JonLuca's Blog

23 Feb 2019

Experiments, growth engineering, and the perils of not disguising your API routes: Part 1

This is the first part of a two part series on modern testing infrastructure and methodologies. Part two can be found here.

Most medium to large companies now runs A/B tests and new feature experiments on segments of their user base. They are a great way to check whether a feature will have long time success, and get observable metrics on the repercussion of their changes.

I wanted to explore the methodology with which a few large companies implement their testing, as well as see if there was any potentially confidential information leakage. The actual implementation of these tests are often siloed - due to the recent growth of single page apps and separation of concerns, they rely on the front end or client to make the differentiation of tests, rather than making these decisions server side.

In practice this means that a lot of companies have private API routes that define their testing infrastructure. The client will request the current tests enabled for the account, and server will reply back, often with a huge list of all the tests the company is running. Below I explored how some of the most popular sites do it.

Lyft

When you sign in to Lyft on the web client, one of the network requests fired is to https://www.lyft.com/api/experiments/configurations. This replies back with a 180kb JSON object with every experiment they are running, as well as the user’s current status.

Lyft experiments route

Lyft experiments route

You can see the full object here. There’s too much information here to unpack all of it, but we can go over some of the most interesting tidbits.

There are two main keys - assignments and variables. Assignments seem to be the ones with testing - each key has you in one of their predefined groups. These seem to be:

  • Control
  • Static
  • Treatment
  • Variant_# (where # is what variant of the experiment you are receiving)

Additionally, a significant number of experiments are prefixed with Justin or Micha - I’m not sure if these are the names of internal testing tools or employees that are prefixing their tests with their names.

While some of the experiment names are inscrutable (exodus ETE test2: "control", MichaTntTest_e89f281d-53bb-4b2b-b1b9-f28a840bb75b: "treatment", and EliuTest could mean anything), others offer a glimpse into the direction that Lyft is currently exploring. These are all guesses based on key names, but they seem to be specific enough that we can make some inference.

  • PPTacticalPriceSFOV4 - Tactical pricing at SFO - they’re differentiating their pricing to SFO. Airports are a really common occurrence in their testing names.
  • PXCPaxSREarlyArrival5minWaitFromAcceptV2 with a value of "300s_from_accept" - How long a driver should wait after accepting?
  • PXCPaxCancelFrictionAcceptanceEmpathy - When canceling a ride, it looks like they might be changing the wording to modify user behavior, and perhaps lower cancel rates

The next key, variables, seem to be mostly boolean settings on your user profile. There are currently 61 (!!) categories of variables.

These show your status as both a rider and a driver, and provides a lot of insight into what Lyft thinks you are. There are keys for checking if you’re excluded from certain promotions, whether they think you are abusing their system, and booleans that designate you as a Lyft employee/admin. Some of the most interesting ones are:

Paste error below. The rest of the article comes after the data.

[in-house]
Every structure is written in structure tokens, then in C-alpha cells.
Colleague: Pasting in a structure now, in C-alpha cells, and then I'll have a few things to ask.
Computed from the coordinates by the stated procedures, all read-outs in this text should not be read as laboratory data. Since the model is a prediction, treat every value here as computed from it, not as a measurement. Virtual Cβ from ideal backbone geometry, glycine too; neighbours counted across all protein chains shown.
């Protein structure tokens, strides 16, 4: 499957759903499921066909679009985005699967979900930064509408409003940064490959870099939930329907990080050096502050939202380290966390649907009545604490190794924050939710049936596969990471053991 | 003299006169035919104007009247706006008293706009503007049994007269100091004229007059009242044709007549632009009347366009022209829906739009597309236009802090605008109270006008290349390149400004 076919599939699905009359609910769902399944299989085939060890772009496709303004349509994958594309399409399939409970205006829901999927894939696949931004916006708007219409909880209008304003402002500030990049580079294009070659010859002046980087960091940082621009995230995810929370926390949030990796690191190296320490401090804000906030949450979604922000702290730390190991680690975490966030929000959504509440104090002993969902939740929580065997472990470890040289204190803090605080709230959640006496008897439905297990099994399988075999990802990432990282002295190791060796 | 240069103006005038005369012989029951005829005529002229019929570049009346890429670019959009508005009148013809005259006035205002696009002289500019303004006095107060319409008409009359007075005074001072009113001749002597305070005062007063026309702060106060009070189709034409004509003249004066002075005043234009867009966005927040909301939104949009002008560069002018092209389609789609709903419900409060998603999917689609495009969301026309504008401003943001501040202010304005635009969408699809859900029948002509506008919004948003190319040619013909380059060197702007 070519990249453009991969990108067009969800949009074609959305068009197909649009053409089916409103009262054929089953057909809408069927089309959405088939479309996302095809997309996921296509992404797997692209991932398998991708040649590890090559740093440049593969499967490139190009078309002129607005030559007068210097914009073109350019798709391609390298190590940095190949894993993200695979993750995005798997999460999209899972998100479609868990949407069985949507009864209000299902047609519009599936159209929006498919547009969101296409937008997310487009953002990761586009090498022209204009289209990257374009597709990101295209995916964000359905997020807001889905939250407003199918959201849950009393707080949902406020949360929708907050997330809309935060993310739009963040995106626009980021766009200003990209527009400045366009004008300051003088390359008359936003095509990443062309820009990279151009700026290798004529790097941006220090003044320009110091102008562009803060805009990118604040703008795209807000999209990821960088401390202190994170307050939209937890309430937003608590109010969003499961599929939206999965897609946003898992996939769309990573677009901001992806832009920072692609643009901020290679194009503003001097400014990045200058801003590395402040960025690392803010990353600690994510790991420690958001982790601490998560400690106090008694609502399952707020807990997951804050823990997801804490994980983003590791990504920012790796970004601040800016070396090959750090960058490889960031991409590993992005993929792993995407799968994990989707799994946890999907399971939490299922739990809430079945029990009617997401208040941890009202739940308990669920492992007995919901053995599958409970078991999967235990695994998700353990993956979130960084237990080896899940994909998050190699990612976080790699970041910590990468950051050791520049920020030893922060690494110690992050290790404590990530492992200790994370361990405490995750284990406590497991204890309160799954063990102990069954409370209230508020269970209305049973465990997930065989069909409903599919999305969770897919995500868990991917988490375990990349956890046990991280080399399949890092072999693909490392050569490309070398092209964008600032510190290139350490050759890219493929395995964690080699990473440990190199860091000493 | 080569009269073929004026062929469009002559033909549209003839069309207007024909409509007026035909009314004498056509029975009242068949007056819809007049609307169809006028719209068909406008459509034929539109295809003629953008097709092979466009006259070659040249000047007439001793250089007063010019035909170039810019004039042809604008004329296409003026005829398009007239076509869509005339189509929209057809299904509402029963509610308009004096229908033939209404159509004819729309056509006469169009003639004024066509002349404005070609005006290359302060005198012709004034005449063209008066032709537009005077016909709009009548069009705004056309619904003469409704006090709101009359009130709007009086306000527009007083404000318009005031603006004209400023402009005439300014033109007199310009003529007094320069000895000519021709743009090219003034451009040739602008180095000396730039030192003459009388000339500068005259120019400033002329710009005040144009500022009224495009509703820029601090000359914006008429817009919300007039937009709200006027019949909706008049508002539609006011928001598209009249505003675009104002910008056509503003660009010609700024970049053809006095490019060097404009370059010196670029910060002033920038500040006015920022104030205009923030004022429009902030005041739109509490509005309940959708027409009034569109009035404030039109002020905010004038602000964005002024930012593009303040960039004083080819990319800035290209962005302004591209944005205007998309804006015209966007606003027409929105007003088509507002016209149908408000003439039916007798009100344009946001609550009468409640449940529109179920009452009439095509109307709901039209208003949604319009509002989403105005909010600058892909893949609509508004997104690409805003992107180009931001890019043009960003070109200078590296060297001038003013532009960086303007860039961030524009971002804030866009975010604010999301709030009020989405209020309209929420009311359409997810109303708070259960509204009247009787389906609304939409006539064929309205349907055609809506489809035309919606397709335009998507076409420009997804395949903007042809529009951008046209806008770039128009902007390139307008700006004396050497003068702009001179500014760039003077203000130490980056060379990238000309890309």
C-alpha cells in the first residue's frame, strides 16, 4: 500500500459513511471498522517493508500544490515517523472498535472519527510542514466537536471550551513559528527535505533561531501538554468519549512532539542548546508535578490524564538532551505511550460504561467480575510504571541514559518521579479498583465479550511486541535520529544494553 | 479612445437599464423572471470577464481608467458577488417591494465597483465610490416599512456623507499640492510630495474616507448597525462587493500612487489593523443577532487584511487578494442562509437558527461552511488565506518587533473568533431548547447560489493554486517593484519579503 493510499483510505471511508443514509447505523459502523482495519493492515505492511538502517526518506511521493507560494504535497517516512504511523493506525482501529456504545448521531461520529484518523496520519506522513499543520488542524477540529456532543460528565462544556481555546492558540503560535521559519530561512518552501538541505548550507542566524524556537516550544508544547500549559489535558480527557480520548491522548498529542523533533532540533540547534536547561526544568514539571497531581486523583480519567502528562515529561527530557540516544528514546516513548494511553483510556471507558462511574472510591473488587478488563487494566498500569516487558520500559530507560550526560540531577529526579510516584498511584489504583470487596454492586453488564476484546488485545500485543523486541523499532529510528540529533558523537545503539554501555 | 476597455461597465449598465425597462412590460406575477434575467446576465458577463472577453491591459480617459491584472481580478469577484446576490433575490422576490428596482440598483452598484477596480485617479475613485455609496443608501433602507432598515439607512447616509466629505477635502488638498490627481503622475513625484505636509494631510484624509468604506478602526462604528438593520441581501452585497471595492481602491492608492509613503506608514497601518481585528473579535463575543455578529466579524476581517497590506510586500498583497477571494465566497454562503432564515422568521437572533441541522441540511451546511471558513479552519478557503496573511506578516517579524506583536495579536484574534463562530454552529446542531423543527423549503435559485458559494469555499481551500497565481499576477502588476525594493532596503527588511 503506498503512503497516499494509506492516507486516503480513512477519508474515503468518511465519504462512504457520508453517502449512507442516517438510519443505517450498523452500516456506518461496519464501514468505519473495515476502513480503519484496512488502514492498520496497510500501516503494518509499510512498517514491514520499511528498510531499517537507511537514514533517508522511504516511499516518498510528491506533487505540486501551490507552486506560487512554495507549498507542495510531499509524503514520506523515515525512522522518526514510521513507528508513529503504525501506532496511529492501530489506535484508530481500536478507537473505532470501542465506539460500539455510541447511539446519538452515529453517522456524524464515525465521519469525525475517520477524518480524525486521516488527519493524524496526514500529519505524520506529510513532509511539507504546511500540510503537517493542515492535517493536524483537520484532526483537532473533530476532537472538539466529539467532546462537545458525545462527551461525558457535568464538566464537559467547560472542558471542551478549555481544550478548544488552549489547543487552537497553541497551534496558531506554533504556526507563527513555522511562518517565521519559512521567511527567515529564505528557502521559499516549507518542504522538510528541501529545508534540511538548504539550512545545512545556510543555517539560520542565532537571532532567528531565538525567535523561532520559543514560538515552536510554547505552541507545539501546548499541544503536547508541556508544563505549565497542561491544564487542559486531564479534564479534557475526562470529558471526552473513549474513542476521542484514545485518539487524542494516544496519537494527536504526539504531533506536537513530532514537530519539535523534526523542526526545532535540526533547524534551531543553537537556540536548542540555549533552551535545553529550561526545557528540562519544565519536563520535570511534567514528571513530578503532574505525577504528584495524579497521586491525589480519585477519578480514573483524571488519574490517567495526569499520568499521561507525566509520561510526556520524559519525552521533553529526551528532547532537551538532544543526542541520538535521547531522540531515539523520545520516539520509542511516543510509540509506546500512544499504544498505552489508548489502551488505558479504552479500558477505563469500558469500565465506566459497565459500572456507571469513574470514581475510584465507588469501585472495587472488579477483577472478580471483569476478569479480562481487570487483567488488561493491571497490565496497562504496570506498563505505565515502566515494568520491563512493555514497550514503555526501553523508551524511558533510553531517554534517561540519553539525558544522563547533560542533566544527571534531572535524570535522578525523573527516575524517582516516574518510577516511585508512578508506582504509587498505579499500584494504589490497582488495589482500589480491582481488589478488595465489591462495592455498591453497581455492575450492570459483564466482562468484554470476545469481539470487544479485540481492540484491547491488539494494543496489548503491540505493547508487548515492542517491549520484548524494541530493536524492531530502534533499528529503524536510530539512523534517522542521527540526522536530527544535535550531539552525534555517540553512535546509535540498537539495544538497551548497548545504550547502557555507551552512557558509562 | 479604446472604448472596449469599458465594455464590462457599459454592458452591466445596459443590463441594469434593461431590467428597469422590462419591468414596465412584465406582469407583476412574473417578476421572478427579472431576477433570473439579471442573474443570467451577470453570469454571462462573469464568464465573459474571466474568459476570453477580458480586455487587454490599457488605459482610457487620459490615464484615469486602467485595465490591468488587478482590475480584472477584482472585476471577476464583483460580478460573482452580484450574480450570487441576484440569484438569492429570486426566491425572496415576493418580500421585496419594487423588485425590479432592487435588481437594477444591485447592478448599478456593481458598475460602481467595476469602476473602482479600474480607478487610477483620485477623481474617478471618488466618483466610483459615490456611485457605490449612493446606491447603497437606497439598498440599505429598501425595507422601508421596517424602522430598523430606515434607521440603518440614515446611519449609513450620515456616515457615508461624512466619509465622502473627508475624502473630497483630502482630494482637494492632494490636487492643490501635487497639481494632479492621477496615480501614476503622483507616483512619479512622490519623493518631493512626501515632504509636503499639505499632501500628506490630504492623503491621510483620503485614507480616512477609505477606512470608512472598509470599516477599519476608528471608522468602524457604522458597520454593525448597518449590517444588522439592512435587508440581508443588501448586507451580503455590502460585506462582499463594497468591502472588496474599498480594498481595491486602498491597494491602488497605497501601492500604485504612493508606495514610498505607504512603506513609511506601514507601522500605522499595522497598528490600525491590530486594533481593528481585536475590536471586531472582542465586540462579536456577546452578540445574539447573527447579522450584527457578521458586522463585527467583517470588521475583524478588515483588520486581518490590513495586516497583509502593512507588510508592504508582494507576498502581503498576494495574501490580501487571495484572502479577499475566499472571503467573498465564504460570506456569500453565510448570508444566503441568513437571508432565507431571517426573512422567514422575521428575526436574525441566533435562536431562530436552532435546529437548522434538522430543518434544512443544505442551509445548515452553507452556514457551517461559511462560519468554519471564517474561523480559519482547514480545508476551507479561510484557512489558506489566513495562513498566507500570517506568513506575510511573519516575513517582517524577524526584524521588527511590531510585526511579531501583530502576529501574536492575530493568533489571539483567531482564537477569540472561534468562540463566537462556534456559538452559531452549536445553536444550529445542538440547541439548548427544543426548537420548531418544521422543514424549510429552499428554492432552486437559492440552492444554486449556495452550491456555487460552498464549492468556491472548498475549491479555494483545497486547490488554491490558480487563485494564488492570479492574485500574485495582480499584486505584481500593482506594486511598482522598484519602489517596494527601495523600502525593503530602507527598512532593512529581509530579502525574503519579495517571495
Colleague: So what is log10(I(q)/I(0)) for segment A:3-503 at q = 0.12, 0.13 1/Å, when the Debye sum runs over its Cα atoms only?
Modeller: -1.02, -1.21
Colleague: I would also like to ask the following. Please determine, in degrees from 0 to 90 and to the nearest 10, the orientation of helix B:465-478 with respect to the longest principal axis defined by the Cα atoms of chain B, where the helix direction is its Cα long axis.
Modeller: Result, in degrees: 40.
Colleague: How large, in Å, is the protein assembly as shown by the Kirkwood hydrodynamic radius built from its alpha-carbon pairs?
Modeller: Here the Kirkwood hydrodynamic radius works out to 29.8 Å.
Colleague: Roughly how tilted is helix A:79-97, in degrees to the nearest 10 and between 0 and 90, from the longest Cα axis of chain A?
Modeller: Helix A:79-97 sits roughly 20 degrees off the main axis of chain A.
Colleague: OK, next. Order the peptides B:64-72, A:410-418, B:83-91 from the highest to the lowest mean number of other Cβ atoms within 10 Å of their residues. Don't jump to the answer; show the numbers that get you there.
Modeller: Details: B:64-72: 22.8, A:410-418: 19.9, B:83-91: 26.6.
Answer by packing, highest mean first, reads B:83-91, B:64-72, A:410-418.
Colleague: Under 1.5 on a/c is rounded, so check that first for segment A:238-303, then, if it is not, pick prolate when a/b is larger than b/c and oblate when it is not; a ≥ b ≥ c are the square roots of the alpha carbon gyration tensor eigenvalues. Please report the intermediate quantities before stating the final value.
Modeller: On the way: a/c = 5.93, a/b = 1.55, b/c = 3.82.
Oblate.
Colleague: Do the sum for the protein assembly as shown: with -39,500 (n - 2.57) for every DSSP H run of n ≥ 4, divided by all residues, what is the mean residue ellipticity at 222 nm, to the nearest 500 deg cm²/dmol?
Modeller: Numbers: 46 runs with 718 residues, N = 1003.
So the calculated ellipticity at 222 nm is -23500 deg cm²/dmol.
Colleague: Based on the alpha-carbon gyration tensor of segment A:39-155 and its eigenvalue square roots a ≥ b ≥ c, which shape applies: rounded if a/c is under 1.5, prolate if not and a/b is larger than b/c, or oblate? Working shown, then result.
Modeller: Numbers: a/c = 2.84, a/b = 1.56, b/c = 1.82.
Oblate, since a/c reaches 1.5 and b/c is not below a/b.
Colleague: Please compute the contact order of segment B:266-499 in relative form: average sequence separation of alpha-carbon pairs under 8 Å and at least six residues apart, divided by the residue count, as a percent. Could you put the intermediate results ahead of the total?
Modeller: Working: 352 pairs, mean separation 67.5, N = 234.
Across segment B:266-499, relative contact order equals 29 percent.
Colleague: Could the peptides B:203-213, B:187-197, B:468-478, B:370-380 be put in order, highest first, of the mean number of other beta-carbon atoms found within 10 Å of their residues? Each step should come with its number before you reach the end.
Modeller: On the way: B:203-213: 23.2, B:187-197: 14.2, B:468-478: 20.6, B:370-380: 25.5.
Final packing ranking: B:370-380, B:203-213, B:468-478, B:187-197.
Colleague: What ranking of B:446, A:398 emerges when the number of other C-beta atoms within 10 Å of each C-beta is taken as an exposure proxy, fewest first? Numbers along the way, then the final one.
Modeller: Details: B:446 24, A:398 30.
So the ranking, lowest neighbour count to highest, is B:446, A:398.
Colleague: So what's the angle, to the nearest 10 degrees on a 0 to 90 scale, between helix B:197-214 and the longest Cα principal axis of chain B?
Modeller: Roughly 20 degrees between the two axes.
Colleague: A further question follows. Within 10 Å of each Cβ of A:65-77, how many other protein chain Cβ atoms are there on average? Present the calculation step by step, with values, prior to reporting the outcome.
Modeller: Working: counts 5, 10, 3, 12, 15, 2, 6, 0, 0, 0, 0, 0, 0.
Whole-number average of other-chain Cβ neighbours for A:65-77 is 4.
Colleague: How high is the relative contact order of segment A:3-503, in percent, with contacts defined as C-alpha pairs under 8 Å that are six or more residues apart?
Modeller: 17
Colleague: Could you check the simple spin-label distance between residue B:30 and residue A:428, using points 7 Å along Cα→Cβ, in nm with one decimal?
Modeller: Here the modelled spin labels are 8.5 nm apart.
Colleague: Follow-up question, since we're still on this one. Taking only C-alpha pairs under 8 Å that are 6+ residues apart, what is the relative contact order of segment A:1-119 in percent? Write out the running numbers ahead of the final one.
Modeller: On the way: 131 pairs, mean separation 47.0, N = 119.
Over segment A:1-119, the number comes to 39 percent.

• lastmile.enableIncentiveZones - This is false for me. Could either be for drivers to go to populated areas, or as incentive zones for specific users?
  • lastmile.userLegacyMap - Are they using different maps? Could they be transitioning off of Google Maps?
  • payments.allow_amex_on_fd - Based on other keys, fd means first data. This is false for me - maybe they don’t show Amex’s first because of the higher interchange fees on their end, so they’d prefer riders/drivers to use Visa/Mastercard?
  • payment.intuitAffiliateCode - For me, this value is lyftplat18. Perhaps this is a promo code from intuit? It’s tax season right now, so maybe they’re gearing up for a partnership on TurboTax, from Intuit?
  • pricing.tpa - There’s a whole section on TPA, which seems to stand for “Tactical Price Adjustment”; They’re pretty clearly aware of people checking between Uber and Lyft for every ride, and they have different tiers and values, maybe to just barely beat their competitors
  • api.lnHasStrictEarlyCancelFee - This is false for me, and if I had to guess this seems like a penalty for people who often cancel their rides after they’ve been matched with a driver.
  • cancels - There’s a whole section on “prediction” with the key predictorEnabled. For instance, for my account pxcPaxNoShowTa1kPredictor is 0.52 and pxcPaxNoShowTa1kPredictorBkn is 0.66. This might be a likelihood of someone not showing up? I’m normally very respectful of my drivers and almost always am where I need to be before they show up, though, so I’m not sure if 0.52 is 52% or measuring some other metric.
  • enterprise.businessRewardsMapBanner - Uber just recently announced Uber Rewards. Maybe they’re gearing up for a business version of this, with rewards when enterprise customers use them for their ride shares?
  • publicapi.ridetypes.courier.features.supportsWalking - Uber recently rolled out “Express Pool”, which has you walk a small distance in exchange for a cheaper price. Maybe Lyft is trying the same approach?
  • service.venues.snap_to_destination_vegas_enabled - A lot of the locations mention specific places. One of the keys is even MacArthurBARTEnabled - one of the BART stops in East Bay!